Inevitably, the Red Baron’s character emerges: “My feeling is that he was probably quite brash.

“He was a youngster and very successful, and that comes across.

“He saw himself as a hero, but he also saw himself as being dead on the very next flight.

“He was not scared of death at all. That’s something that really comes through his writing.

“They were always saying goodbye to comrades – people even more successful than him – who didn’t come back.

“There was a moment of mourning, and then you moved on.

“He celebrated all his ‘kills’. He had a cup made for each until there were about 56 when the silversmith in Berlin ran out of silver.

“The Red Baron went on to make 80 kills. He was the top gun in the First World War.

“Death was part and parcel of it all.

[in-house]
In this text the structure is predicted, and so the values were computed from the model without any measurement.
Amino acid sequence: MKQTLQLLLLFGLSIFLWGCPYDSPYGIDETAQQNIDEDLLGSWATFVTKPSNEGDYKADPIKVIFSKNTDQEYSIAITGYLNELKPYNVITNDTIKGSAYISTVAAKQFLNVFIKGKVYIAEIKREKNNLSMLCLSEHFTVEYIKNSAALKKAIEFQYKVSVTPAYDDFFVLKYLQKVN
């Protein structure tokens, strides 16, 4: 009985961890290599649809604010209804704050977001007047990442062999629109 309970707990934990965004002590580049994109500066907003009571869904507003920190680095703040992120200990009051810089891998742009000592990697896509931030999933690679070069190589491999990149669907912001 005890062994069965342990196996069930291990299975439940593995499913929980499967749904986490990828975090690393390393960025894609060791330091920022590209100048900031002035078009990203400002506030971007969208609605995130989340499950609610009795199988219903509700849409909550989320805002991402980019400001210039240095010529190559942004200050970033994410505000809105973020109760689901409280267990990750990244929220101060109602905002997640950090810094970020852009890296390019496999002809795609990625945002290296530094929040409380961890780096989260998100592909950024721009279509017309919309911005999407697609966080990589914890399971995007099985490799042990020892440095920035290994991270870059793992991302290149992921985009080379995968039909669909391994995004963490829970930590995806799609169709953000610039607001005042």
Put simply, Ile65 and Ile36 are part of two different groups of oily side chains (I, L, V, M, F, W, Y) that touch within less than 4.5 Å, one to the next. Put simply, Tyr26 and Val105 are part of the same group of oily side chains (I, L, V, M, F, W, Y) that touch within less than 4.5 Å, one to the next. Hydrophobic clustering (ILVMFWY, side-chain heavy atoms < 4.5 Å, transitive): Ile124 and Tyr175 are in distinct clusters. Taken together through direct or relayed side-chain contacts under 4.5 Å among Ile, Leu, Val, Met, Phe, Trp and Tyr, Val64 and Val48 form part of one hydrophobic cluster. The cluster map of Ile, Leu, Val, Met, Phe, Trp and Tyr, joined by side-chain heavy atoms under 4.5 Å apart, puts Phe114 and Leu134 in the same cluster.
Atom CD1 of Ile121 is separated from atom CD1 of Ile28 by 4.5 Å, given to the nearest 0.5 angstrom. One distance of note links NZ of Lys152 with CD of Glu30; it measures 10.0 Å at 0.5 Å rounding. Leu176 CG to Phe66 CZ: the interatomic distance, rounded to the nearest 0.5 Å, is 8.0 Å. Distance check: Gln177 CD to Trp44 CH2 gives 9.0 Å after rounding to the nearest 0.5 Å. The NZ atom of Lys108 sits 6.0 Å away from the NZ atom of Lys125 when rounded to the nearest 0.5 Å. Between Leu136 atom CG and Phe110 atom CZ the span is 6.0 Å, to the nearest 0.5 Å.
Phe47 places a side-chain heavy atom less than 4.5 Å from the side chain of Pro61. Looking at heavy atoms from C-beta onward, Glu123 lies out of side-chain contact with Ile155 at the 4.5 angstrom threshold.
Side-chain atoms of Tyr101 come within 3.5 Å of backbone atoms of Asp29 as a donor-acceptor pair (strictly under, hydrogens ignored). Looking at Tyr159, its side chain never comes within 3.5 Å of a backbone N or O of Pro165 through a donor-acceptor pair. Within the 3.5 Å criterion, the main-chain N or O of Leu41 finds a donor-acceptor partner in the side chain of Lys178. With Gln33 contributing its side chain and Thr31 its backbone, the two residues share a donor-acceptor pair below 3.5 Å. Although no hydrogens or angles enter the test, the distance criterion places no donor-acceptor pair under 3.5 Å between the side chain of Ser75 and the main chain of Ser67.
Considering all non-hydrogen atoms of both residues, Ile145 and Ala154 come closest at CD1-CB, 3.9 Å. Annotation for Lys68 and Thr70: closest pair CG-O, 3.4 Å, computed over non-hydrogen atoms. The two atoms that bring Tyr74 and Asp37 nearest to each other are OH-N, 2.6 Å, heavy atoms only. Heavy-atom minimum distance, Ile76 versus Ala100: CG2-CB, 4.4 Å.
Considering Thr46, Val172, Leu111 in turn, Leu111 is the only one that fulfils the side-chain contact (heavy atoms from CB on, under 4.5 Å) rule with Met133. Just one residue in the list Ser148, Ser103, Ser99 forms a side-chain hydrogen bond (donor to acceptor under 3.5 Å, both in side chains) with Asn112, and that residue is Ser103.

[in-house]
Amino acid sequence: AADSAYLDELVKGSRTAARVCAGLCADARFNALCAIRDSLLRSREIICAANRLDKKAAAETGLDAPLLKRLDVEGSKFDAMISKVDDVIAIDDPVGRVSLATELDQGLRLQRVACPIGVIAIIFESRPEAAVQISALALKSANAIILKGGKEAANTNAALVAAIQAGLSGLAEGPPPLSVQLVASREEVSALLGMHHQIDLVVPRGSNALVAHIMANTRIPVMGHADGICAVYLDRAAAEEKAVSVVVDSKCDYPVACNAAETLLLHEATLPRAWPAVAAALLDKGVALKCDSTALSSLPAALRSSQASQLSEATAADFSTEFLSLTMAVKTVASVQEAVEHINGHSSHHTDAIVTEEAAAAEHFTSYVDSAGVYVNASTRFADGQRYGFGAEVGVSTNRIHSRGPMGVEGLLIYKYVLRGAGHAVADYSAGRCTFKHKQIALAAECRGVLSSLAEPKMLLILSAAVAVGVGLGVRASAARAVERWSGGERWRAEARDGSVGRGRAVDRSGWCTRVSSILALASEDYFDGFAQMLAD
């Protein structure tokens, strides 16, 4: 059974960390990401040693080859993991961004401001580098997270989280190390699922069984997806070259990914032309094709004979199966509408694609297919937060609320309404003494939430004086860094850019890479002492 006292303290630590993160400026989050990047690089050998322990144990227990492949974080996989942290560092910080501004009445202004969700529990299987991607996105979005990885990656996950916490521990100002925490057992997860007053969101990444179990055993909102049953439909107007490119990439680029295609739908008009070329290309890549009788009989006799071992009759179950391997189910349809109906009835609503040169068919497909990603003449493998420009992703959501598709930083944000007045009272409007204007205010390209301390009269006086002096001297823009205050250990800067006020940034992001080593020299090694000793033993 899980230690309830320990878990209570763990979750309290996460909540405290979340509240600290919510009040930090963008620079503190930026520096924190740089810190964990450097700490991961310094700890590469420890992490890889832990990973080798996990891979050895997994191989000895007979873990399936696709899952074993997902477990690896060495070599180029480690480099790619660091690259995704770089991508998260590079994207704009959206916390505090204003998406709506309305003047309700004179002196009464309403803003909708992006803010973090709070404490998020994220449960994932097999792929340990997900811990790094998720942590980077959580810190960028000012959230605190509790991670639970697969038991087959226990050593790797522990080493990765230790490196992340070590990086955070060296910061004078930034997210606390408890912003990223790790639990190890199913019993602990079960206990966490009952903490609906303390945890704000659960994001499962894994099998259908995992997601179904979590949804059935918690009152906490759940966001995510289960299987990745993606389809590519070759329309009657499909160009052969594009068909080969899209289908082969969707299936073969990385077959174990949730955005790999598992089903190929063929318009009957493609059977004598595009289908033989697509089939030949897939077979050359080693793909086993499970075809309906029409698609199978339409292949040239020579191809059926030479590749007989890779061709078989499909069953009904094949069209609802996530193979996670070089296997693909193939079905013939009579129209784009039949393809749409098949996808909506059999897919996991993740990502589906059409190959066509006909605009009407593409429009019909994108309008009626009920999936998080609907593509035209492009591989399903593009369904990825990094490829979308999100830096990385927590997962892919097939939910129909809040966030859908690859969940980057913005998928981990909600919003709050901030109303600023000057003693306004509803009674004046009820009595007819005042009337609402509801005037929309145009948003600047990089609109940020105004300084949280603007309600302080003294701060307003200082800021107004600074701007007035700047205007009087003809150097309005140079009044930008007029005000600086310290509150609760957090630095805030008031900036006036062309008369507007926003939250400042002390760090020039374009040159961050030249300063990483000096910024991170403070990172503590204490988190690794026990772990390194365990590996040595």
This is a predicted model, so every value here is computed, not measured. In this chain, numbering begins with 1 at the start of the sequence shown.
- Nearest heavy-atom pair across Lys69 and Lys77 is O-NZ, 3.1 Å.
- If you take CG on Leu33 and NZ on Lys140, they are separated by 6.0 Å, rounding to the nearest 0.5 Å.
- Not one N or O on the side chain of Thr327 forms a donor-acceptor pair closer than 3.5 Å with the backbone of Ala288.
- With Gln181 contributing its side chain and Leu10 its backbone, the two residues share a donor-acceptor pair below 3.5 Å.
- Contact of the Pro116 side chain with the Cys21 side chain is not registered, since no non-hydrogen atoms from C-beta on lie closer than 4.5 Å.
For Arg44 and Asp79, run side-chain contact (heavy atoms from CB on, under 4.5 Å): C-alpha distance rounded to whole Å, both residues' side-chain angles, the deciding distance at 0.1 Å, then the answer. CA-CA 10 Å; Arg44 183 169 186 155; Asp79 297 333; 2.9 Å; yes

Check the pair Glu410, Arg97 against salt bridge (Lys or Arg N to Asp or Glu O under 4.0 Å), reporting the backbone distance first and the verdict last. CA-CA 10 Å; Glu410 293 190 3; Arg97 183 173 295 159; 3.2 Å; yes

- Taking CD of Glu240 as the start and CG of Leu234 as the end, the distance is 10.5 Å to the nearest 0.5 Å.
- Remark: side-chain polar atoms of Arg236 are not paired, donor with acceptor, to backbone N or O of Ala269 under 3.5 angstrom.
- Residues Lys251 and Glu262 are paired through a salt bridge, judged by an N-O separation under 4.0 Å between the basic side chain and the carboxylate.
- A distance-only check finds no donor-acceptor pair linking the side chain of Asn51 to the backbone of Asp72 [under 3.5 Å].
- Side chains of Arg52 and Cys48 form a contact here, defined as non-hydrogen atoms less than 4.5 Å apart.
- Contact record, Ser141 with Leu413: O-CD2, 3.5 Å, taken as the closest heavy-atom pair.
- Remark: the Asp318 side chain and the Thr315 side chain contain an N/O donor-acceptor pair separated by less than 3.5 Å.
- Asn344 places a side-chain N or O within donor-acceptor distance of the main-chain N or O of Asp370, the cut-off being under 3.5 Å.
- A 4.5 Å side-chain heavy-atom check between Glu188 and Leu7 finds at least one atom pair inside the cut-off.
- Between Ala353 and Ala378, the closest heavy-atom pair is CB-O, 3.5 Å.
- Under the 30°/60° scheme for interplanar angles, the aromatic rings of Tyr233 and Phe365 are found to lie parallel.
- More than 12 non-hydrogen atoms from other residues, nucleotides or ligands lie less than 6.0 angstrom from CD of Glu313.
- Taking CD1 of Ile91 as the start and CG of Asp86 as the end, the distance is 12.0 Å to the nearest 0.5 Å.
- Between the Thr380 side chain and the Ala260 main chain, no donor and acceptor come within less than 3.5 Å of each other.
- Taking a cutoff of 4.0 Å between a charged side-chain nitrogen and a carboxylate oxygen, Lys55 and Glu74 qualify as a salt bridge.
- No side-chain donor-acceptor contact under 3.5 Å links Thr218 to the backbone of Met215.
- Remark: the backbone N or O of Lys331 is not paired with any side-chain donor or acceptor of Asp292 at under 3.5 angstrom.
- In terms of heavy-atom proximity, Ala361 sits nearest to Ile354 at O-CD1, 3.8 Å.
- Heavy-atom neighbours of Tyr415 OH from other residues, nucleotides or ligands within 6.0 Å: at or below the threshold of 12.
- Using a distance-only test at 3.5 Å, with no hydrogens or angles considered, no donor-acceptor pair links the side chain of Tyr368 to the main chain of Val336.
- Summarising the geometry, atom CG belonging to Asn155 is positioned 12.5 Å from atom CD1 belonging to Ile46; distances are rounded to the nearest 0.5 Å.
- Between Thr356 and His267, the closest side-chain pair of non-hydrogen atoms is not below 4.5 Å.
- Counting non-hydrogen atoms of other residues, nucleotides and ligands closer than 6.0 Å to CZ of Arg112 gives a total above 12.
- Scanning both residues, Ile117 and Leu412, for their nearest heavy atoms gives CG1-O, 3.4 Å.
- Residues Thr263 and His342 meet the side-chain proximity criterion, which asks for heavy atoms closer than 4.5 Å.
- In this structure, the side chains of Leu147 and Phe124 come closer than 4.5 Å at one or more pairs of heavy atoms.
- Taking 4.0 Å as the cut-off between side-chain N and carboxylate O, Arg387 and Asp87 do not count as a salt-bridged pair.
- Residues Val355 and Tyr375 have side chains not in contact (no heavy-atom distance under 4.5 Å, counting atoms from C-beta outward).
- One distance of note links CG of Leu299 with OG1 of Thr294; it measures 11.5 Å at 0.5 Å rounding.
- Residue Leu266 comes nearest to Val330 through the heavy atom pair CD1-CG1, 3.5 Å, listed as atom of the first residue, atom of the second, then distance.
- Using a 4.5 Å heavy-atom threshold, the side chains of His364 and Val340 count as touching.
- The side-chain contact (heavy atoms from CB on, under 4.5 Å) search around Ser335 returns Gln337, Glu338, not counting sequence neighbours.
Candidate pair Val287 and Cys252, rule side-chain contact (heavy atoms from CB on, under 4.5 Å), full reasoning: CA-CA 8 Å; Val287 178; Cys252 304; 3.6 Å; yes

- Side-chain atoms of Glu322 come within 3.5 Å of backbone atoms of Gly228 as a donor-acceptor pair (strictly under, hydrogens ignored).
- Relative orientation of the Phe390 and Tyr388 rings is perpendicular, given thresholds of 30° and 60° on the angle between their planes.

“Life was cheap, but at 21 he became a leader.

“He was having to coach and teach all the other youngsters coming in.

“His main advice was to hit the pilot first and then fire at the plane. If you hit the pilot, then the plane will go down...

“I have read a lot of criticism about him, that he was picking off the stragglers who were invariably inexperienced youngsters.

“But that’s how nature works. If you see a lion stalking, it will wait for the youngest and the weakest.

“It makes sense. All they were trying to do was to down planes and pilots.

“But he shot down some top guns from the British and Canadian sides too...”

Barry is happy to admit to his admiration for the man, adding: “I can understand why there is still such reverence for him now on both sides.”

The book The Red Baron (published by Pen & Sword Aviation; ISBN: 9781473833586; priced £12.99) charts von Richthofen’s formative years, his first flight through to commanding his own squadron and ultimately his death.

The amazing collection of photographs show his planes, some of the people he killed, his pet dog and even his funeral service.